Florida Resurrection House, a nonprofit dedicated to ending the cycle of generational poverty for families in the Tampa Bay area, is the latest recipient of funding from 100 Women Who Care St. Petersburg.
The organization, one of hundreds across the country, was founded in March 2020 with the goal of giving away $10,000 in one hour, four times a year. It works like this: during their meetings, 100 women attend bringing $100 each. Three nonprofits pitch their funding needs and at the end of the meeting, a vote is taken. The nonprofit with the highest number of votes wins the money.
“We didn’t have a vision to change the world ourselves. We knew there were women that had the vision to change the world and our community,” co-founder Lauren Brigman told the small group gathered in person and online at Wednesday’s quarterly meeting. “There was no way anyone in this room could have predicted the pandemic. Who knows what might come in the next couple of months? But we know that one of the three nonprofits here will receive a blessing tonight.”
The other nonprofits at Wednesday’s meeting were:
- The Children’s Dream Fund, which was founded in 1981 with the sole purpose of fulfilling dreams for children ages 3-21 who live in West Central Florida who have been diagnosed with a life-threatening illness.
- The Sanderlin Center, a resource hub for children and families in South St. Pete that focuses on education, employment, and health and wellness.
During her presentation, Ellen McDonald, executive director of Florida Resurrection House, talked about the struggle that exists for people trapped in the cycle of generational poverty.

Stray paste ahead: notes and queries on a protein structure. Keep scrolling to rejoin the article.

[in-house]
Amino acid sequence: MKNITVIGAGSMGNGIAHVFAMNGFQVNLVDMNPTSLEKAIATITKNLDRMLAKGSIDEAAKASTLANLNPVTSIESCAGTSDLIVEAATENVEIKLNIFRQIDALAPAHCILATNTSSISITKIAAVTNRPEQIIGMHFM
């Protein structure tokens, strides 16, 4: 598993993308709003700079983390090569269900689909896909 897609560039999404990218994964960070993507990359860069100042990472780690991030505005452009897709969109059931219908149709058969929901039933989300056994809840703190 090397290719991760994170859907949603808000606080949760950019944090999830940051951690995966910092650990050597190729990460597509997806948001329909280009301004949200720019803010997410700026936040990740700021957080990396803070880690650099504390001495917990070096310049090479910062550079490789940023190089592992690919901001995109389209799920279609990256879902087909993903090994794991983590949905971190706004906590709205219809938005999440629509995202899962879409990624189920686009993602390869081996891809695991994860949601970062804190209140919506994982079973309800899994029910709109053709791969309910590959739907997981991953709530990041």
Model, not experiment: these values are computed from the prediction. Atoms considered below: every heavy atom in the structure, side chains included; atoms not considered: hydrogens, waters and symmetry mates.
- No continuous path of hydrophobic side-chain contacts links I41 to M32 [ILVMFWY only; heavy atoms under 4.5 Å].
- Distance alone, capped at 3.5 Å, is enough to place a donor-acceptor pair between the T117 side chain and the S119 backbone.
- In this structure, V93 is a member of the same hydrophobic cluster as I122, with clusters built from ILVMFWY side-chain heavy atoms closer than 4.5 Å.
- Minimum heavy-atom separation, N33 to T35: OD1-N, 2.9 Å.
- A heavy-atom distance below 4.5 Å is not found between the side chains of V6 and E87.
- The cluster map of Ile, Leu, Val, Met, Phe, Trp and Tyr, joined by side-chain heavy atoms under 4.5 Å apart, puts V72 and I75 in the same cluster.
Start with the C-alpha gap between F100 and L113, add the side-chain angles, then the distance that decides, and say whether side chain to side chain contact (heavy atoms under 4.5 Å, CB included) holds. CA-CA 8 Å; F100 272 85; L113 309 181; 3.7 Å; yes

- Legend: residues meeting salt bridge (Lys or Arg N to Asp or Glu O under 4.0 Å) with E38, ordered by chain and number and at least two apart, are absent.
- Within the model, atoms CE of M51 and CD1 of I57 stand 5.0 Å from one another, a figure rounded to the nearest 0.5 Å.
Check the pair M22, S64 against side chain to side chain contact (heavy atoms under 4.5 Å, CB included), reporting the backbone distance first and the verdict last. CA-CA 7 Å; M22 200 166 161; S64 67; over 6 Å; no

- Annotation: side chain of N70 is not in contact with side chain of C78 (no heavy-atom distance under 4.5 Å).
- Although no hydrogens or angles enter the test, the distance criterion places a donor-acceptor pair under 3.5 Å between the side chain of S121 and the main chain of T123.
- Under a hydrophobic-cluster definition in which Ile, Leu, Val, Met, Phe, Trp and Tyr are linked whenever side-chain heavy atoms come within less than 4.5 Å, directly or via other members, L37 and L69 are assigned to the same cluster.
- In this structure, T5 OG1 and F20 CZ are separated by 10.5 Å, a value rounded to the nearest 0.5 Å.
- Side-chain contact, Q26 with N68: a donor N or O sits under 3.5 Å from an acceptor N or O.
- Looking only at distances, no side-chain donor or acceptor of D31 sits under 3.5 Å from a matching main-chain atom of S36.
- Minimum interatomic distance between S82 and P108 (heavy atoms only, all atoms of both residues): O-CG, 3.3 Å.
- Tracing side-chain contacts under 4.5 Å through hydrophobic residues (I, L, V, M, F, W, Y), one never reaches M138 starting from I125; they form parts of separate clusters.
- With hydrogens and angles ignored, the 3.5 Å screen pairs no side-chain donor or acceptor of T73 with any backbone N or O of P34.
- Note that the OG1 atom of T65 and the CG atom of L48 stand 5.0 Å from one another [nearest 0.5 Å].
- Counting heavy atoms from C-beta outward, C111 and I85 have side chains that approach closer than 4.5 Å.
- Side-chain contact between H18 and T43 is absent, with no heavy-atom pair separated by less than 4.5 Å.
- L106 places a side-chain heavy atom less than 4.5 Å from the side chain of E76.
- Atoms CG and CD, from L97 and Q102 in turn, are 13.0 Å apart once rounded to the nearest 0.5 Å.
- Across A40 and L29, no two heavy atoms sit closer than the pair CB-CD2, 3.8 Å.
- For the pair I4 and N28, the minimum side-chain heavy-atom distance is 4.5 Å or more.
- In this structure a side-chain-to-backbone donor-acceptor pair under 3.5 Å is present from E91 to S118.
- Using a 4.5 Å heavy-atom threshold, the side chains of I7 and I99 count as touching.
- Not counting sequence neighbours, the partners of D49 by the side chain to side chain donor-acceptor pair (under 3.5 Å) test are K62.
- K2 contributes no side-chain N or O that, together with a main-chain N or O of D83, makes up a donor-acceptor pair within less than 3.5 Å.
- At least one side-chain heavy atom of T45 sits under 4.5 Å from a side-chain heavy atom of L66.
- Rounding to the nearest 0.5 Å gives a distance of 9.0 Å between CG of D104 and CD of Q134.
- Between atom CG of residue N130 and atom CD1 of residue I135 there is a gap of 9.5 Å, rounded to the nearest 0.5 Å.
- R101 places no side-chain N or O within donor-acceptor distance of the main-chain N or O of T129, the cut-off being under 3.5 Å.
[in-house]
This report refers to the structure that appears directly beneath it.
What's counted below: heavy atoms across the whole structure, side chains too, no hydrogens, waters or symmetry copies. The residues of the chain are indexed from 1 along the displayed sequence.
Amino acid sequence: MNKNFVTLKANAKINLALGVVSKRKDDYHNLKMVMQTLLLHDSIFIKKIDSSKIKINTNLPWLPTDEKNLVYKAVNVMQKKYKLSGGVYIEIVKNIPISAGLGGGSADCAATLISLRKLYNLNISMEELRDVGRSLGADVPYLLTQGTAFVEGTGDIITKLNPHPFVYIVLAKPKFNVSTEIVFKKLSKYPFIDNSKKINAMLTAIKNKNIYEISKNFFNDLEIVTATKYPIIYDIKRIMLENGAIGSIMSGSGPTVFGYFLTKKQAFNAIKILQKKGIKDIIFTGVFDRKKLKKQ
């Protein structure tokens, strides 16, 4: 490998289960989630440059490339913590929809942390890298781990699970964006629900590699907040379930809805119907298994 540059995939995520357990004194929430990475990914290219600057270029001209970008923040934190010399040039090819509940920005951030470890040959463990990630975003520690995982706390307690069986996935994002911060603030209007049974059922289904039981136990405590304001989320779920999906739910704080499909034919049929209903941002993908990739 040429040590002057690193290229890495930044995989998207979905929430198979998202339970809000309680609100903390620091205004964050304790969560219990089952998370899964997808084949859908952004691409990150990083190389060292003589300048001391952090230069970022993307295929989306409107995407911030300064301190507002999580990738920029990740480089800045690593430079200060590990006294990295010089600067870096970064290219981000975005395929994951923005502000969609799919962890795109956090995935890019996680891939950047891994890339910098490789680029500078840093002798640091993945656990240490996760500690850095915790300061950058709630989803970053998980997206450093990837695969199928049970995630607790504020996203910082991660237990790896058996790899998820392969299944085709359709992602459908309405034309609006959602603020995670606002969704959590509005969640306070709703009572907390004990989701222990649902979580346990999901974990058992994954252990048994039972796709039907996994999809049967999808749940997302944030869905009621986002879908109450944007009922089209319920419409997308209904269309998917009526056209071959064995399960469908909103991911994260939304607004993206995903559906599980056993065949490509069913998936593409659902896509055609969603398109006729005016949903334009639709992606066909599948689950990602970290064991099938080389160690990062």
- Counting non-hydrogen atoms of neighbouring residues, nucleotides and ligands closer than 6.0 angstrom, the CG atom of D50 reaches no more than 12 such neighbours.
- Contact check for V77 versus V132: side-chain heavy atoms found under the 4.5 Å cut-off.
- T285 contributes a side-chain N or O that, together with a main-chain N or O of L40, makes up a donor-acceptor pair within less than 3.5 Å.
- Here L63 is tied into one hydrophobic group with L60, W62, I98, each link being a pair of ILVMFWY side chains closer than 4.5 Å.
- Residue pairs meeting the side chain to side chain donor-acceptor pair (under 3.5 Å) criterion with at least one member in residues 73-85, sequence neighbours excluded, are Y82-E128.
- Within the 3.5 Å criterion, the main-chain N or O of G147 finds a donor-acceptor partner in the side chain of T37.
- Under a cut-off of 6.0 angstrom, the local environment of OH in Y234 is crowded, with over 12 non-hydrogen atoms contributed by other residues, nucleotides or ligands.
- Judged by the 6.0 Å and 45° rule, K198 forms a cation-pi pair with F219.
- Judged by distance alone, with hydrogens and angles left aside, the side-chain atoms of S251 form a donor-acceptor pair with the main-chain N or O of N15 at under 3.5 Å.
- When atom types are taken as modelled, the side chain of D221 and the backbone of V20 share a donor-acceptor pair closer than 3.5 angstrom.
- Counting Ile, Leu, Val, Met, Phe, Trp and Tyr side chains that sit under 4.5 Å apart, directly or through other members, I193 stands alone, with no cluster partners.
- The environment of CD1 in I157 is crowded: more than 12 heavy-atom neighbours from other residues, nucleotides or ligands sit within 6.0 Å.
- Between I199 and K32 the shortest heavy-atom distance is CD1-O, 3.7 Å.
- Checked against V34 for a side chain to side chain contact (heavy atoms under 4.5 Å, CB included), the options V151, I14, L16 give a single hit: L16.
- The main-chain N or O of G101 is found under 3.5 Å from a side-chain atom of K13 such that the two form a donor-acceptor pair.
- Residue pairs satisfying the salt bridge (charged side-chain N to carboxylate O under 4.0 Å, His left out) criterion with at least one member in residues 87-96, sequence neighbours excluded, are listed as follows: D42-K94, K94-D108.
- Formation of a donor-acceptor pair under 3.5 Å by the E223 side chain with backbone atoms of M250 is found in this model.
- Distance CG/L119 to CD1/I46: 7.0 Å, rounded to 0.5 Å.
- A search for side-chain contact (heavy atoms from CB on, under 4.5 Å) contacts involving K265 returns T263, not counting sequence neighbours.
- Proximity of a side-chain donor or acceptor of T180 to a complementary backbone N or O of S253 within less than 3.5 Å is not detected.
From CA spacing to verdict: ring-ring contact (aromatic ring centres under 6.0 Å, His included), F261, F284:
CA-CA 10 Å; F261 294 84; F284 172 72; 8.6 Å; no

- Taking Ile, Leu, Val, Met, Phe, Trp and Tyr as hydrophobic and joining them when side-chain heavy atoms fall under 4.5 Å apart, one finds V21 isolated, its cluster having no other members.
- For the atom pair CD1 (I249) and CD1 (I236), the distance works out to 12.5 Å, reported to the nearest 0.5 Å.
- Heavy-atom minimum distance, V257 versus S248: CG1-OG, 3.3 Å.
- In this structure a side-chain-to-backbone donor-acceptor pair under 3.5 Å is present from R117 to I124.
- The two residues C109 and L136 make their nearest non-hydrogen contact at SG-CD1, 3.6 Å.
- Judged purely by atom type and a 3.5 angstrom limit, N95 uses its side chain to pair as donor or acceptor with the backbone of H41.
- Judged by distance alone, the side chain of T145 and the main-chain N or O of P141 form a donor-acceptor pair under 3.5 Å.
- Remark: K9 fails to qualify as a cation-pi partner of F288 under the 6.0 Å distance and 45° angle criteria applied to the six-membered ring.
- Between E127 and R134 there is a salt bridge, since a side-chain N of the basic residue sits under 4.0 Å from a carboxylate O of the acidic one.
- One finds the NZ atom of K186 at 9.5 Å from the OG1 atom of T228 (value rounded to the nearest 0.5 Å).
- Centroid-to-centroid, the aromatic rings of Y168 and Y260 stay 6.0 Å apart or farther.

“It’s not a one-time job loss or multiple medical bills piling up but instead it is a system of circumstances and factors that create poverty in multiple generations in the same family,” she explained. “It will not likely end until significant outside intervention occurs.”
That’s where Florida Resurrection House comes in, McDonald said. The nonprofit has 15 apartments on its campus, and families are able to live there for one to three years. During this time, they’re given access to case management, which she referred to as the “lifeblood” of the program.
“In case management, they are given possibly the first relationship in their lives where somebody else is working toward helping them improve their lives and move toward self-sufficiency,” McDonald said.
Case managers will work with residents and help them gain access to services like trauma counseling, child care and educational opportunities, allowing them to set goals for their lives while their case manager cheers them on.
McDonald plans to use the donated funds to support the case management program and said that it will allow Resurrection House to provide case management for every resident on campus for six months.
“Thank you for supporting families and those waiting on our lists,” McDonald said after learning she’d gotten the most votes. “You are really going to change lives. We are so thankful for your support.”
Kay Dillenger, who was the first recipient of funding from 100 Women Who Care for The Beth Dillinger Foundation, spoke of the impact the donation had on her nonprofit, especially in light of the pandemic.
“One week after we received the donation, everything shut down,” said Dillenger, whose nonprofit provides emergency food supplies for children along with scholarship money. “Your contribution was worth its weight in gold.”